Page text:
asp_net2Author Commented:
Hi COBOLdinosaur,

Thank you for that info. But can you please provide feedback for the question(s) that I'm asking? That is most important to me right now.
I thought I was doing that.  You want to start out doing a design without knowing what the design is supposed to support.  With that approach, a design that works is primarily luck.  Do Google and Amazon have very different designs because they have very different content; or different content because the design is different.  

Even if you are just experimenting you have to have parameters and requirements based on content, otherwise it is just doodling and you might learn something about code from playing with it, but you won't learn much about design unless you have defined requirements that force you to measure final result against requirements based on what the design has to support


Ray PaseurCommented:
I generally agree with COBOLdinosaur.  The development process usually involves specialists  from more than one field.  An interface document is generated providing a contract between the content developers and the front-end developers.  It names the elements of content (semantic) and assigns the CSS tags, so that the structure of the final web site can be marked up in a variety of ways to achieve the right look and feel for whatever screen or device is used to view the site.  The content developers can then work independently from the designers, because everyone agrees on the CSS DIV and ID tags.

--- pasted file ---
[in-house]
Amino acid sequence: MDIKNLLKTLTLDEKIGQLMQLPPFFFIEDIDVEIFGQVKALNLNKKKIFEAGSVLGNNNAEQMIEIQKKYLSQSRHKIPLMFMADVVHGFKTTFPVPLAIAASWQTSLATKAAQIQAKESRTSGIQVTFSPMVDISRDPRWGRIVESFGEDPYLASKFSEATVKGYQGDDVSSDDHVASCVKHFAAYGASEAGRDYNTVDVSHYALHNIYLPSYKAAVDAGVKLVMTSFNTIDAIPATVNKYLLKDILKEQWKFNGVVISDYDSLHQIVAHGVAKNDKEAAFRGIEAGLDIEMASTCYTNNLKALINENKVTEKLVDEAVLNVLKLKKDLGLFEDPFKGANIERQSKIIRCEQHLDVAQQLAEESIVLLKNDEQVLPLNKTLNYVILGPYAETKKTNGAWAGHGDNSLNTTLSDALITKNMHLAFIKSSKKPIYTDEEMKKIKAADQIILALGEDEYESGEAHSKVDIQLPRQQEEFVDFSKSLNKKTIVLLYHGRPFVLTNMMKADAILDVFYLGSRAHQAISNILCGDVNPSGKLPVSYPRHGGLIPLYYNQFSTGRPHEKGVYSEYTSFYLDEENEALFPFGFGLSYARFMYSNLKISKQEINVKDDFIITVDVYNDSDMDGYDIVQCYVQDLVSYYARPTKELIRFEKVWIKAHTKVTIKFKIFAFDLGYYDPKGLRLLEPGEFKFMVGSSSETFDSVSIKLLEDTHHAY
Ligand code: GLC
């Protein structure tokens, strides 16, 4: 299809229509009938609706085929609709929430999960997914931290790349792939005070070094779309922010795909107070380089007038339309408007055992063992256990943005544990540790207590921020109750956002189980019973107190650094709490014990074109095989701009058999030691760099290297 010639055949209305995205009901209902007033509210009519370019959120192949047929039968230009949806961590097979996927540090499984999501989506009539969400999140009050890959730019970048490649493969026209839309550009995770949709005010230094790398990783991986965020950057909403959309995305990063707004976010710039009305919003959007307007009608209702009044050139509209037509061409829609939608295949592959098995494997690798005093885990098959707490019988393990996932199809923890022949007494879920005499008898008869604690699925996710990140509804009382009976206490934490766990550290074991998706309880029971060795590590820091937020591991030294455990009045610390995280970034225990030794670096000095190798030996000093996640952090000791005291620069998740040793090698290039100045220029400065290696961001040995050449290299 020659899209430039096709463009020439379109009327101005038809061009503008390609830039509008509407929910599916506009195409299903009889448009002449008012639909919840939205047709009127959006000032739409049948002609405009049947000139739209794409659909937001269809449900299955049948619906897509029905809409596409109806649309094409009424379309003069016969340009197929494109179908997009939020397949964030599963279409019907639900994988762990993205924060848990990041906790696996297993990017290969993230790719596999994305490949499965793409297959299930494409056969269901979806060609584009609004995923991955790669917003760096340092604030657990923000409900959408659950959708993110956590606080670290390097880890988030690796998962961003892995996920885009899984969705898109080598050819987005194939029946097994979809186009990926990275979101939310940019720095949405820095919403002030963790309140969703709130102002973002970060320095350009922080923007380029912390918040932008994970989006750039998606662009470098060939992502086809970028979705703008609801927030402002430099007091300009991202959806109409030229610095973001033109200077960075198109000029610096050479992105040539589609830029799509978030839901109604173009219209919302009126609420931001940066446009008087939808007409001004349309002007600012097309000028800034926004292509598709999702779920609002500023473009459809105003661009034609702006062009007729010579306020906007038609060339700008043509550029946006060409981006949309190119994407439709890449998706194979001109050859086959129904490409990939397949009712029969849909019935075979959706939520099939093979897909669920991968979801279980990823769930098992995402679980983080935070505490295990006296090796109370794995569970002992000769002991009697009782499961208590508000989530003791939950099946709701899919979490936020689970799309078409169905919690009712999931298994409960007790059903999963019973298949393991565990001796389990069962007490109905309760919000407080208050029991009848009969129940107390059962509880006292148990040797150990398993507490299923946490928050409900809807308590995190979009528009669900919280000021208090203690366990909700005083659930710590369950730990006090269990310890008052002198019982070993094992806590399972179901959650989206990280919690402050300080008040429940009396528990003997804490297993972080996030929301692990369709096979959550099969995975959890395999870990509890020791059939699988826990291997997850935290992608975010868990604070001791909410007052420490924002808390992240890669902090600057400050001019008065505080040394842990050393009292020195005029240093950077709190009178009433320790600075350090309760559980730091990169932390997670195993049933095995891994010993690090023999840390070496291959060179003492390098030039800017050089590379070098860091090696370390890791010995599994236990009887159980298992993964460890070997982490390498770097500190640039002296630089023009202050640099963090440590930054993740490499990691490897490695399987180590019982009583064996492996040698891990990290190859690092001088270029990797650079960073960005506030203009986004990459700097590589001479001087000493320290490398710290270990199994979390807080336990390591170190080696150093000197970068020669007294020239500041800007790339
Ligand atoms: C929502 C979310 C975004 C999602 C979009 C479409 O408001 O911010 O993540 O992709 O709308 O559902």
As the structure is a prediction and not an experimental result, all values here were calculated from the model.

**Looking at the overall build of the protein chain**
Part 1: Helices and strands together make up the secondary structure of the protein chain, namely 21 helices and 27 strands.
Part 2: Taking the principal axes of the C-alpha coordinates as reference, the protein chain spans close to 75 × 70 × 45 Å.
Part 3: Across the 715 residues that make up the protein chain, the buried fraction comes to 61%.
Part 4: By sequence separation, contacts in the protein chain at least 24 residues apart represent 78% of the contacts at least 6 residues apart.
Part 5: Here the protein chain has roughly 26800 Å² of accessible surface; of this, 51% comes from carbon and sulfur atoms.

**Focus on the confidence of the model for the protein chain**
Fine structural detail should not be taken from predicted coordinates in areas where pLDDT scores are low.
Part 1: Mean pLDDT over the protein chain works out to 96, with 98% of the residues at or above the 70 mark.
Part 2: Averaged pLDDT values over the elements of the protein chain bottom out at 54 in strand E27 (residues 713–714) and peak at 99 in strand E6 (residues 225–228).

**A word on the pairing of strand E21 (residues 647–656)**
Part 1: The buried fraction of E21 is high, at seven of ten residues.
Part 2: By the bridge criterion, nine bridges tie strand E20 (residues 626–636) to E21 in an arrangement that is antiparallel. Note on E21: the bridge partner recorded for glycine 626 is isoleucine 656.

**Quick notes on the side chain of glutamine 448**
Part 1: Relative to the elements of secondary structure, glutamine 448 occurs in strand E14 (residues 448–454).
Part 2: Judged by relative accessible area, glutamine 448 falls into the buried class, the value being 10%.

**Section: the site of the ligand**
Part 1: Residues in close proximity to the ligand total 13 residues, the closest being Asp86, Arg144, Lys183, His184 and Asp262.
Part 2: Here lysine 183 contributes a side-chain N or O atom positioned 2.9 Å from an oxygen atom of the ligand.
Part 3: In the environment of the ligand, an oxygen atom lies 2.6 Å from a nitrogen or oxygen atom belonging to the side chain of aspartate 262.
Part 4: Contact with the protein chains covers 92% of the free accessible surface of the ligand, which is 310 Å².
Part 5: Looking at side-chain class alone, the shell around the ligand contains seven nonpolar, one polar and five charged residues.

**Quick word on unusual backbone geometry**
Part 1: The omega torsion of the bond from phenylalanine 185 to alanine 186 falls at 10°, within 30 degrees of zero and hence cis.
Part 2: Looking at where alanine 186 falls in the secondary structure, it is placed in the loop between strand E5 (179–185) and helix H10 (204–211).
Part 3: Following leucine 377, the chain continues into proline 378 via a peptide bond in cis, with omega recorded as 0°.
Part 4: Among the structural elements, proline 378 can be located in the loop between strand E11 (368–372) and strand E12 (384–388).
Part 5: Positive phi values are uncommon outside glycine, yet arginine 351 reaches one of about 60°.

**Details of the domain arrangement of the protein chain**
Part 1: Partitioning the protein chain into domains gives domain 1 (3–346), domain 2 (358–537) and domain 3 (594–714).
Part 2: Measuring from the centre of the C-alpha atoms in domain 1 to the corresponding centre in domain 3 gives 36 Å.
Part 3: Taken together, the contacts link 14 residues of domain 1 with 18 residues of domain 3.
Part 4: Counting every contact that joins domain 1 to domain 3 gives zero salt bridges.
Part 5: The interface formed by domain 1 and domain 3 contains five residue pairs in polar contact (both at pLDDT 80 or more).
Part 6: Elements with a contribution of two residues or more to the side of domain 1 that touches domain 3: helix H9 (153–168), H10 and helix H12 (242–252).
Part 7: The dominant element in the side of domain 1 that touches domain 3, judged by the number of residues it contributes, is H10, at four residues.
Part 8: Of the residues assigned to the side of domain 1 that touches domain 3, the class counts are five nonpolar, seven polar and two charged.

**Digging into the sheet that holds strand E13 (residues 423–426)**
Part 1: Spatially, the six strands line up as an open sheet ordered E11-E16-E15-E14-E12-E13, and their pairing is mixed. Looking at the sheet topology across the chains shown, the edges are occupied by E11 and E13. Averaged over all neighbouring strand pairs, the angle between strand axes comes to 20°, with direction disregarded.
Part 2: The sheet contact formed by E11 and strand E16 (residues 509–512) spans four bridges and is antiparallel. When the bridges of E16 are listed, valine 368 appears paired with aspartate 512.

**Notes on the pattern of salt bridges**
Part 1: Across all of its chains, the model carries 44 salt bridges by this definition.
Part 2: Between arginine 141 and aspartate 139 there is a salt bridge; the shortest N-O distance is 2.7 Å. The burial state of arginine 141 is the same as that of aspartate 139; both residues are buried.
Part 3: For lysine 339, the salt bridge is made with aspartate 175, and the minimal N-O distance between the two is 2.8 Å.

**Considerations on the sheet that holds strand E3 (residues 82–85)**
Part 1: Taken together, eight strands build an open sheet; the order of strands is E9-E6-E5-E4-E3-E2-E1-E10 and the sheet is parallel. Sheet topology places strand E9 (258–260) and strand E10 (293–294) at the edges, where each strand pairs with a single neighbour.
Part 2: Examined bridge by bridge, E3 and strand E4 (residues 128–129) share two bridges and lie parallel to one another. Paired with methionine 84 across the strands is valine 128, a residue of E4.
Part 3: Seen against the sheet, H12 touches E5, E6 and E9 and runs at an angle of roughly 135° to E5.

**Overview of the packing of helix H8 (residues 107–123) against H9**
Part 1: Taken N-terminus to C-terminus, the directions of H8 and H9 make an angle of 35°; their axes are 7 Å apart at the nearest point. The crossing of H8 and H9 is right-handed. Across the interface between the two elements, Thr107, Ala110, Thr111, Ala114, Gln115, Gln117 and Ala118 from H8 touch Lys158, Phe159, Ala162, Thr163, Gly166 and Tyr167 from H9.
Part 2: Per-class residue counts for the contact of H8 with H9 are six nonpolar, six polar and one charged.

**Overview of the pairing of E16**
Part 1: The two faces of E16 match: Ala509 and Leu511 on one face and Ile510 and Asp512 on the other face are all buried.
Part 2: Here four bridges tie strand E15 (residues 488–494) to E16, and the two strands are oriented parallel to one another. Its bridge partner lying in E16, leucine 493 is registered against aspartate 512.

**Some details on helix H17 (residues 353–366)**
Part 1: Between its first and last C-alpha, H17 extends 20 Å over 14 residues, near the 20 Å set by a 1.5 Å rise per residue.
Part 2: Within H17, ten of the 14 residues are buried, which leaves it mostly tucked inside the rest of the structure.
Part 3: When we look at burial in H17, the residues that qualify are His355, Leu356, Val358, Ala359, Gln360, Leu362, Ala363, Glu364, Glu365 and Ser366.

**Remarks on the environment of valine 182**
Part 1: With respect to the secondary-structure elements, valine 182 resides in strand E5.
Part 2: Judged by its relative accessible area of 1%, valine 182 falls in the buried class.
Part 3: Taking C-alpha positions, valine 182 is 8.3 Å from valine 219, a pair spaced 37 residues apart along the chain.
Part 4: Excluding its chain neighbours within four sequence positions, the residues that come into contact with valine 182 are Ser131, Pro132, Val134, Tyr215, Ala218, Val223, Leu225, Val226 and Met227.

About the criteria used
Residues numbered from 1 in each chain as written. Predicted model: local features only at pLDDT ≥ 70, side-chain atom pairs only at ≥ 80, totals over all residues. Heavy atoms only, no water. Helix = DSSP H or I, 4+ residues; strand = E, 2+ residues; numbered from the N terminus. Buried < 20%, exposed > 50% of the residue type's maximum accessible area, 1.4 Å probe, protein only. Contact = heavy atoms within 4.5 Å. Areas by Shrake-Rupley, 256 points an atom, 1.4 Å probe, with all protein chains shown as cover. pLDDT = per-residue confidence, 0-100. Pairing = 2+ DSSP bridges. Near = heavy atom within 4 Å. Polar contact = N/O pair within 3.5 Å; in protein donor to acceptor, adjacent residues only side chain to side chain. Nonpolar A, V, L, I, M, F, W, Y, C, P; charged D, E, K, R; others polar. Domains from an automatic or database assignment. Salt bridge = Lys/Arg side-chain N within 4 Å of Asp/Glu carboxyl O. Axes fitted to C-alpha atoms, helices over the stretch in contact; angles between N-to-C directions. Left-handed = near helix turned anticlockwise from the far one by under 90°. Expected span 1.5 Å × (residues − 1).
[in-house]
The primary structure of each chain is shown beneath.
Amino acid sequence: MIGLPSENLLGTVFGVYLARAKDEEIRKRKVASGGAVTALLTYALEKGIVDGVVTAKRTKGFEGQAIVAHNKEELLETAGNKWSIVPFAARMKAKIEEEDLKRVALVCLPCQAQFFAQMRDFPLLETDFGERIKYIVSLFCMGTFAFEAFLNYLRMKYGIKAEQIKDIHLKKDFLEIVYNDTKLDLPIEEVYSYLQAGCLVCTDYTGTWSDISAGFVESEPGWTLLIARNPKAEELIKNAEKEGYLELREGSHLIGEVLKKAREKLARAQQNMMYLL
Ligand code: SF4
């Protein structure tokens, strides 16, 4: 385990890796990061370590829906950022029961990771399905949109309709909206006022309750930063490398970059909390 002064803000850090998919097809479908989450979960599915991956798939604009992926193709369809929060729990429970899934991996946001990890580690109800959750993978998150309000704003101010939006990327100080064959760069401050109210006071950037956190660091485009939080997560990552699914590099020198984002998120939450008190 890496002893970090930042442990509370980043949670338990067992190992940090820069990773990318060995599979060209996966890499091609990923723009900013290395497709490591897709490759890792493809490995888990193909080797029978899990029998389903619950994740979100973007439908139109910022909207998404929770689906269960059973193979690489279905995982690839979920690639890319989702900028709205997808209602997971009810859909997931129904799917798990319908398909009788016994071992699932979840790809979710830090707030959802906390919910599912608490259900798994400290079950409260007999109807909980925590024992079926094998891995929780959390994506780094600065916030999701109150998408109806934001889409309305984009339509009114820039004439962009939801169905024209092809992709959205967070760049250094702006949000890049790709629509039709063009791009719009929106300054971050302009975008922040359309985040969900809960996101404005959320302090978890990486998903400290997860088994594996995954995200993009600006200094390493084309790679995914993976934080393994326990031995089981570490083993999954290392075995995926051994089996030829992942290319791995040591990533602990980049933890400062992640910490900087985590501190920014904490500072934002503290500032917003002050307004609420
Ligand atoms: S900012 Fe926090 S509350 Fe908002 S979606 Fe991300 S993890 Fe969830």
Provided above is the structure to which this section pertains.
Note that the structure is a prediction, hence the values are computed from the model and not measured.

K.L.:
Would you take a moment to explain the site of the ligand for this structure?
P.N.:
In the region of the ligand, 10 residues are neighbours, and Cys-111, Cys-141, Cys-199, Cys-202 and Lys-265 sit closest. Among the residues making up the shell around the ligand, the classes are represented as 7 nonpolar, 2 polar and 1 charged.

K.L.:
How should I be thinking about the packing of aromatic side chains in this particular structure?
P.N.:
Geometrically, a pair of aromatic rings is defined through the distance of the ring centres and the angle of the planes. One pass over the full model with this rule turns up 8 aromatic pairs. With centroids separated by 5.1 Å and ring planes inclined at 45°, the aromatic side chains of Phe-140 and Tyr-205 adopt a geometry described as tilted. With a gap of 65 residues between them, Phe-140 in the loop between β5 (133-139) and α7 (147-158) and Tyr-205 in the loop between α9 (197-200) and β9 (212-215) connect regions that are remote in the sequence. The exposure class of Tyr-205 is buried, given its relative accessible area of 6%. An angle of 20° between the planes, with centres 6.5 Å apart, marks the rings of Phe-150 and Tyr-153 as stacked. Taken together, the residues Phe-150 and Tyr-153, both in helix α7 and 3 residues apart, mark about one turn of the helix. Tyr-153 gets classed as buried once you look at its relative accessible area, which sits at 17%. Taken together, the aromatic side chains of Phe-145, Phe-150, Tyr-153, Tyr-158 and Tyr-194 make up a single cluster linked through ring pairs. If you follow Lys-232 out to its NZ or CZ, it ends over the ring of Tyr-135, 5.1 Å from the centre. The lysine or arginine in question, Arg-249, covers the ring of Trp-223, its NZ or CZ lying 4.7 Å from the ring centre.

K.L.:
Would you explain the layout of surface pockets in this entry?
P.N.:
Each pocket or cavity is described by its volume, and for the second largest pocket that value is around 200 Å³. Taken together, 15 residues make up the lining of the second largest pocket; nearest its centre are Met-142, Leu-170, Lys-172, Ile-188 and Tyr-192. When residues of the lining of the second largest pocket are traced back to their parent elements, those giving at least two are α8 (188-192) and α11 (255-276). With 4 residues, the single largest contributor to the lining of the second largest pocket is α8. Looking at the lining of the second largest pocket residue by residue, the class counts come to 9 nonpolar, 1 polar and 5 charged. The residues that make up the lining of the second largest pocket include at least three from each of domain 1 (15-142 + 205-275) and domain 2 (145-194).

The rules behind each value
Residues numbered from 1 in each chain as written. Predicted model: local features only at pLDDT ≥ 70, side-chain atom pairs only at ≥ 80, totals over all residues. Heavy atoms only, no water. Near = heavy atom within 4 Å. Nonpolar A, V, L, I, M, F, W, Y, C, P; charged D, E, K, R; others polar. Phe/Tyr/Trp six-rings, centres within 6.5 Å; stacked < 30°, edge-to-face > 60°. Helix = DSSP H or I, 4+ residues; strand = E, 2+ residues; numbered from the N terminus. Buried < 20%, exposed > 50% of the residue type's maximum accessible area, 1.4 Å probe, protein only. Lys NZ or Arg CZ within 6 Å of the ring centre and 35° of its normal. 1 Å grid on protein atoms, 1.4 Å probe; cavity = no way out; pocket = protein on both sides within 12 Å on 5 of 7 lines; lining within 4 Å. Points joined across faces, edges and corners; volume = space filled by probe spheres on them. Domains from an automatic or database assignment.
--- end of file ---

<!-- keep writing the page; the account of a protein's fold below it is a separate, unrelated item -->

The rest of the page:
For an example of this in practice, see: The CSS Zen Garden.

A Google search for "designing for mobile" will be helpful, too.  As a practical matter, you can design everything for mobile devices with confidence that it will work on desktop computers, too.